The Catalans are far from powerless. With a population of 7.5 million people, half of whom at least are in favour of independence, Catalunya has the numbers to stifle Spain’s aggression. One million people on the streets of Barcelona and proportionately large numbers out in other towns and cities; ignoring Spain’s diktats, will render police or military action useless. The alternative to this is a potential standoff between elements of the Catalan police force and the Spanish Guardia Civil. The non-violent route of mass civil disobedience – the route the Catalan independentistas have been taking so far – is to be preferred. Spain is far less likely to use violent measures against the civilian population. It can do this, but this would risk serious fallout across the rest of the state.
In order to win the Catalans must hold out until Sunday. This is easier said than done, but it is far from impossible. The longer they hold out the more intense the Spanish response will become; an impending reality for which the Catalans must now be prepared. Remaining optimistic is not easy. Over the past week the Spanish government has made provisions for what amounts to a military invasion, with cruise ships rented from Italy docked at Barcelona and Tarragona for the purpose of billeting up to 1,500 military police and with the cancellation of military and police leave throughout Spain. Madrid has geared up for a fight.
Intervenidas casi 10 millones de papeletas para el referéndum ilegal suspendido por el Tribunal Constitucional… twitter.com/i/web/status/9…—
Guardia Civil (@guardiacivil) September 20, 2017
Overcoming this will take nerve – a great deal of nerve. It would make perfect sense for the Catalan government to go into hiding. It really should, but this is not the nerve we are talking about. As photos were being shared online of Spanish army vehicles moving into Catalunya many pro-independence activists were keen to control the story so as to keep people calm. Not frightening the public is hugely important, but if Spain decides to deliver on its threats and implied threats this week there will be no hiding or controlling the story. The most pressing task for the independence movement over the next few days will be working with ordinary people, helping them to keep their nerve. After all, the result of this struggle will be decided by them.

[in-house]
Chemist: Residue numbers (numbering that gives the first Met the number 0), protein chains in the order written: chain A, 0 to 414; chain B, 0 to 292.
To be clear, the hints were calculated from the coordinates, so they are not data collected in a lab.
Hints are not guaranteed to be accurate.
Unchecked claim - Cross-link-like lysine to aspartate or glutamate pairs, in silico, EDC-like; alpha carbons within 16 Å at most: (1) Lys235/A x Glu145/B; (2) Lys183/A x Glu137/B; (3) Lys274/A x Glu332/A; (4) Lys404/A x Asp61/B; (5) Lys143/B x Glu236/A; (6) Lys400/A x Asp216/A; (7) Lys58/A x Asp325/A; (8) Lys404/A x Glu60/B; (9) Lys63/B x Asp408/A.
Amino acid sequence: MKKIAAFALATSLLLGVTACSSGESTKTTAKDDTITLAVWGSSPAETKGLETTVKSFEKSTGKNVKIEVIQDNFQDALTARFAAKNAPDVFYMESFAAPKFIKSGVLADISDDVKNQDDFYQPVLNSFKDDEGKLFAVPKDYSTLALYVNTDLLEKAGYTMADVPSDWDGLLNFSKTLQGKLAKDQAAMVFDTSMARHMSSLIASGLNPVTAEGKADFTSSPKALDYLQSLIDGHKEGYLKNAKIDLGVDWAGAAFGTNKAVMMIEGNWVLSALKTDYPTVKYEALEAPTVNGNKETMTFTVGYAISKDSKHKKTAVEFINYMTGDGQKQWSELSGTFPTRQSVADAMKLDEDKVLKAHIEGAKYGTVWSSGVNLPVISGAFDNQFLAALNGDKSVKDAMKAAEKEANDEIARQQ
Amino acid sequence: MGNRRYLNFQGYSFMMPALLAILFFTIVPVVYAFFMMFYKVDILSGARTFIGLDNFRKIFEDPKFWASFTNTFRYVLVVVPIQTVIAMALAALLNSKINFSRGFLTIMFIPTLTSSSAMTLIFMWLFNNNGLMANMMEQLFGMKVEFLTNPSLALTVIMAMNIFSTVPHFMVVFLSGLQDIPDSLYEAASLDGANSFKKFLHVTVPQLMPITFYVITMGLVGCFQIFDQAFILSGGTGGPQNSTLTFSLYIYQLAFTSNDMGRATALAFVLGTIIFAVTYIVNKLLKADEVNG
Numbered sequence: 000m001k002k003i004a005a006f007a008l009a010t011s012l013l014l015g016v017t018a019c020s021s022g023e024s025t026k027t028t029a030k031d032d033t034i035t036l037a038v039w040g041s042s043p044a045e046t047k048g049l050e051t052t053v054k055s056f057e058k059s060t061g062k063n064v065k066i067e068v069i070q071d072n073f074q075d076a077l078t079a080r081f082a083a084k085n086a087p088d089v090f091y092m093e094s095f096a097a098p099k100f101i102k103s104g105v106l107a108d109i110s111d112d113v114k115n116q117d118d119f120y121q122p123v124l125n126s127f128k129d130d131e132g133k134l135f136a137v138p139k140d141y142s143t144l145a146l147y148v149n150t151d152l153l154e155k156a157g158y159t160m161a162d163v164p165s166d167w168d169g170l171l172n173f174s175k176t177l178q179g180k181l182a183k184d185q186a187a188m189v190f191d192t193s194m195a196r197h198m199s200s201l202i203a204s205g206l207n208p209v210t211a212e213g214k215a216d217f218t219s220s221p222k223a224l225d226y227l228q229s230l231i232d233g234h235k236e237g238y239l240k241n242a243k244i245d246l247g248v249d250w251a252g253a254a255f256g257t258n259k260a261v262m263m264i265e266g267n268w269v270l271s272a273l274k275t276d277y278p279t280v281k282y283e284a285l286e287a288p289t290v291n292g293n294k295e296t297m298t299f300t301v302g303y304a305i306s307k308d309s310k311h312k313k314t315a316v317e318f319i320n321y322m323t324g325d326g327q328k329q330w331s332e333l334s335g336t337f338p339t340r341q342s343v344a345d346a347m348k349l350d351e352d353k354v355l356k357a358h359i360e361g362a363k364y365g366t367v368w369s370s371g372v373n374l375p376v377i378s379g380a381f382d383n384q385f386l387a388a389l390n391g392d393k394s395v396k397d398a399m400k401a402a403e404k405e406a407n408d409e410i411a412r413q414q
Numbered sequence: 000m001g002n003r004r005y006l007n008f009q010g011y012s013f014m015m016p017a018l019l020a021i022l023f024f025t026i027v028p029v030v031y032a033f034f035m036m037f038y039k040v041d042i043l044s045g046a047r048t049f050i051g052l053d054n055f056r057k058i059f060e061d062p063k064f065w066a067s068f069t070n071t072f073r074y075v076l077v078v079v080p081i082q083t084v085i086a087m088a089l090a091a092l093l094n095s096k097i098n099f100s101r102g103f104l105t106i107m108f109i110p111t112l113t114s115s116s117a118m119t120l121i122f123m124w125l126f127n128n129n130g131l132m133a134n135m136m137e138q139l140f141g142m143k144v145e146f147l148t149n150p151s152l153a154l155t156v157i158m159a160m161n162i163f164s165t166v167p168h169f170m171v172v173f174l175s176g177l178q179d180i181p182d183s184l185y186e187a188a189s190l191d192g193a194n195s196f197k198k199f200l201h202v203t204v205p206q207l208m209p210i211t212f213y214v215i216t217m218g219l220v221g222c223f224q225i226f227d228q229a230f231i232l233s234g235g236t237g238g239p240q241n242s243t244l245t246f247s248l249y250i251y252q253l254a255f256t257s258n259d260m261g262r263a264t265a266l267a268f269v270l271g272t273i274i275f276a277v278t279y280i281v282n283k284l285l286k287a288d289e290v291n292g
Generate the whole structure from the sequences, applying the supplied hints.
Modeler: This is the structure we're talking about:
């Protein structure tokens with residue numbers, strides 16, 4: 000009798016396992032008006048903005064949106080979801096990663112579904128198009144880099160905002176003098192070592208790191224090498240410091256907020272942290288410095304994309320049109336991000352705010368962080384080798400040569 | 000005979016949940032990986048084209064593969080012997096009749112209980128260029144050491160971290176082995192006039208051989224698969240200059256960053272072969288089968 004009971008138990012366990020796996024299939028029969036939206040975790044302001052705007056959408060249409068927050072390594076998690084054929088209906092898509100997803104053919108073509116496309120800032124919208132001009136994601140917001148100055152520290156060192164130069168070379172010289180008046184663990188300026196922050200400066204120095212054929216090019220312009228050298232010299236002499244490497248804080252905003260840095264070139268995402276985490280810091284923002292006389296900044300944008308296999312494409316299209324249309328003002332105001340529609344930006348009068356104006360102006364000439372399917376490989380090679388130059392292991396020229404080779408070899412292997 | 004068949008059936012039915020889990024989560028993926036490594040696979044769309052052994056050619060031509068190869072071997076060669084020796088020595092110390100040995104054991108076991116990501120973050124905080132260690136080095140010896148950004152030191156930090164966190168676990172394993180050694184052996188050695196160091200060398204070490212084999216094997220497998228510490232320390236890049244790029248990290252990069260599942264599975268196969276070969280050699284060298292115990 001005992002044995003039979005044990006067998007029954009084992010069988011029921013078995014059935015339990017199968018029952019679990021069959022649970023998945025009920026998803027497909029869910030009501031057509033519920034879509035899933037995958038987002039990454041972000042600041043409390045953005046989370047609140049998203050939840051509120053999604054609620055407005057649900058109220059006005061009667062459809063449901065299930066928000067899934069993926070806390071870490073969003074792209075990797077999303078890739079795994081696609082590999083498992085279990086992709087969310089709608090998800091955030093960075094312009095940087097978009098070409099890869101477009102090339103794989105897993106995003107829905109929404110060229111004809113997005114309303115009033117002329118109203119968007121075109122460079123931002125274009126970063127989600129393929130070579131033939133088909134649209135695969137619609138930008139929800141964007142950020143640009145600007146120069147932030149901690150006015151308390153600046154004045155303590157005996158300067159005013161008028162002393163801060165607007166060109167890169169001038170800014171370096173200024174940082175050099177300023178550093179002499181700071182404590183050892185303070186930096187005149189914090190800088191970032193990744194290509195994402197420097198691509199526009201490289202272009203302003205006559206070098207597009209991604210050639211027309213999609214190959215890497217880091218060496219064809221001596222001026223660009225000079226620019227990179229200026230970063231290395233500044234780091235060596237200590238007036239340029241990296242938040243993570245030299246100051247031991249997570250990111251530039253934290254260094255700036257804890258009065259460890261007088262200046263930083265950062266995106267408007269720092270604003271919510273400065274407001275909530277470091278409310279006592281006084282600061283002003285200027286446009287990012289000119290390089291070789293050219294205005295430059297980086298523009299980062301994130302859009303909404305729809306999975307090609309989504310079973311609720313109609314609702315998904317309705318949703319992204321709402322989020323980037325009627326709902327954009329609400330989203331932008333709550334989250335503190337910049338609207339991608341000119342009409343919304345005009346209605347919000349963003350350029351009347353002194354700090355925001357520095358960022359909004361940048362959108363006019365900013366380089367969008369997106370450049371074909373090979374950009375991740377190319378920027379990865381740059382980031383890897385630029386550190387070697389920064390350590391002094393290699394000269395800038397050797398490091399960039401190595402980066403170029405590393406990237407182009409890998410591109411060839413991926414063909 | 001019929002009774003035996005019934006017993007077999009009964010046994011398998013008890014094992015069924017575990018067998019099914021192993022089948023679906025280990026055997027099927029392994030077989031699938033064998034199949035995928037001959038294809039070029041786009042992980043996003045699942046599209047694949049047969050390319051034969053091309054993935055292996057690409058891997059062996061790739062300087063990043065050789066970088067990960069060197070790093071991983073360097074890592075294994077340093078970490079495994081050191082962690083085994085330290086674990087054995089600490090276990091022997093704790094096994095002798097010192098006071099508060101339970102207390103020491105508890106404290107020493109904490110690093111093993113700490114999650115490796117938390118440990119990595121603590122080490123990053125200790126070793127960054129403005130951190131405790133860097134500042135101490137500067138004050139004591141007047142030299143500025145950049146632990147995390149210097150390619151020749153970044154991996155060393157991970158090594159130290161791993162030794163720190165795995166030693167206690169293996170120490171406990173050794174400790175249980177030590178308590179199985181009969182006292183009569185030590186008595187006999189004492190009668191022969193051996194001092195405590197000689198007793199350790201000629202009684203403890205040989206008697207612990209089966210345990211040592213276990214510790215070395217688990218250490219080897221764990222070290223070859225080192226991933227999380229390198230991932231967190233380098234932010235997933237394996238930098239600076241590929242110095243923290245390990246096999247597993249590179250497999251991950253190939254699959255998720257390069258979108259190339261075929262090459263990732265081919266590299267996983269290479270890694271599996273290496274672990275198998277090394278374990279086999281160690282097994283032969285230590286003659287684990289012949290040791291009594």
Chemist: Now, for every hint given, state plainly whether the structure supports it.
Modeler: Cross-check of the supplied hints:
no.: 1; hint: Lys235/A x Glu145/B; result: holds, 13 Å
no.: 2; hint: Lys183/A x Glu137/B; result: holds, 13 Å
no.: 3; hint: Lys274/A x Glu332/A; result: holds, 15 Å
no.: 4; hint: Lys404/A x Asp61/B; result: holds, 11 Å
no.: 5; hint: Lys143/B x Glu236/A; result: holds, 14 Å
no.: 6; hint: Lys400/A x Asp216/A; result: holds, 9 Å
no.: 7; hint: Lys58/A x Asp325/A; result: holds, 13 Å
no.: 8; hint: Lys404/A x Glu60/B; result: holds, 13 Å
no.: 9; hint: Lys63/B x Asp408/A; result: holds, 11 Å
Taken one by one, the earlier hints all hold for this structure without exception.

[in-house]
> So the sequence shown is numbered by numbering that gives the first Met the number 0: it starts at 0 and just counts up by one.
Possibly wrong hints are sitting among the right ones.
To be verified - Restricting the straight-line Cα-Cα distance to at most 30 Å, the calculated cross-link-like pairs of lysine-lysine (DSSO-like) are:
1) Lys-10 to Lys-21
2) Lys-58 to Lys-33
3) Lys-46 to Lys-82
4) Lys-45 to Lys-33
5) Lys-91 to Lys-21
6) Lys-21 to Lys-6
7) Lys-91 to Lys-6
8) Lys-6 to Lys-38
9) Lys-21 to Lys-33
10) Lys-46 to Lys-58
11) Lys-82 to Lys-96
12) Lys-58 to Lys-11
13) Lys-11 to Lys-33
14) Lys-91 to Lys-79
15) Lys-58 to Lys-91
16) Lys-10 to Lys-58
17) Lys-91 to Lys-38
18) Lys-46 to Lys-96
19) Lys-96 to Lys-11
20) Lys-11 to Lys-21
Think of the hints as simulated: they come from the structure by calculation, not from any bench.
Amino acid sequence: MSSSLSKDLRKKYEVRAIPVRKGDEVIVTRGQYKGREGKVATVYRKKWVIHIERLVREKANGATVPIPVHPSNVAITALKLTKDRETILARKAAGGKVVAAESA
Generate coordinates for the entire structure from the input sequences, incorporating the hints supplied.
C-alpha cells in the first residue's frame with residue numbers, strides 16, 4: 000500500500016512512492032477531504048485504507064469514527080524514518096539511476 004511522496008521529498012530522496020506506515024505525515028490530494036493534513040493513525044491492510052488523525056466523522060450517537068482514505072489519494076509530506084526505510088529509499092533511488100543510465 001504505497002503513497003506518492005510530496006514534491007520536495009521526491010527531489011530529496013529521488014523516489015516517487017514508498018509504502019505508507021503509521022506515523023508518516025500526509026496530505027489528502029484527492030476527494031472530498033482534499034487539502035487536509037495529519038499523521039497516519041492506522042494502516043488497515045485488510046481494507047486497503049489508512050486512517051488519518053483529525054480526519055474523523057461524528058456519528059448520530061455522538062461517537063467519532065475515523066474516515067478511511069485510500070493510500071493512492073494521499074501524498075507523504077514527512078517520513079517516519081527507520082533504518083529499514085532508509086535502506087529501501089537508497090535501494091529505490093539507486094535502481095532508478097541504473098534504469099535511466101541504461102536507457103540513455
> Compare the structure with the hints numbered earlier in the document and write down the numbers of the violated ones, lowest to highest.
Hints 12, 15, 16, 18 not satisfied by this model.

On a more personal note – as these are extraordinary times – I feel compelled to express the deep sense of frustration and anger I am feeling towards the states of Europe and the European Union. For the most part the states of Europe have turned their backs on Catalunya; leaving European citizens at the mercy of a neo-fascist and anti-democratic Spanish government, and the EU has simply let the Catalans down. The European Commission, as far as I am capable of understanding it, has betrayed the high ideals of democracy and freedom of expression it espouses. By allowing Spain to so flagrantly disregard and violate the civil, political, and human rights of the Catalan people the EU has brought enduring shame upon itself.
Europe, the European states, and the Spanish government are hiding behind an appeal to law that is in itself no different to the Nuremberg defence. Legality and illegality no more equate to right and wrong than oppression and violence equate to justice and peace. This week the people of Catalunya will be standing on the frontline of the global battle for democracy – the supreme moral, social, and political good – and they have been abandoned. No matter the outcome, this is unforgivable. Nothing of this required any state or the European Union to take a side. All that was required was that they stand up for democracy. In this they failed. My thoughts, as a human being and as a supporter of my own nation’s independence, are with the Catalans, and I wish them success.
Separatist and Unionist protesters face off in Catalonia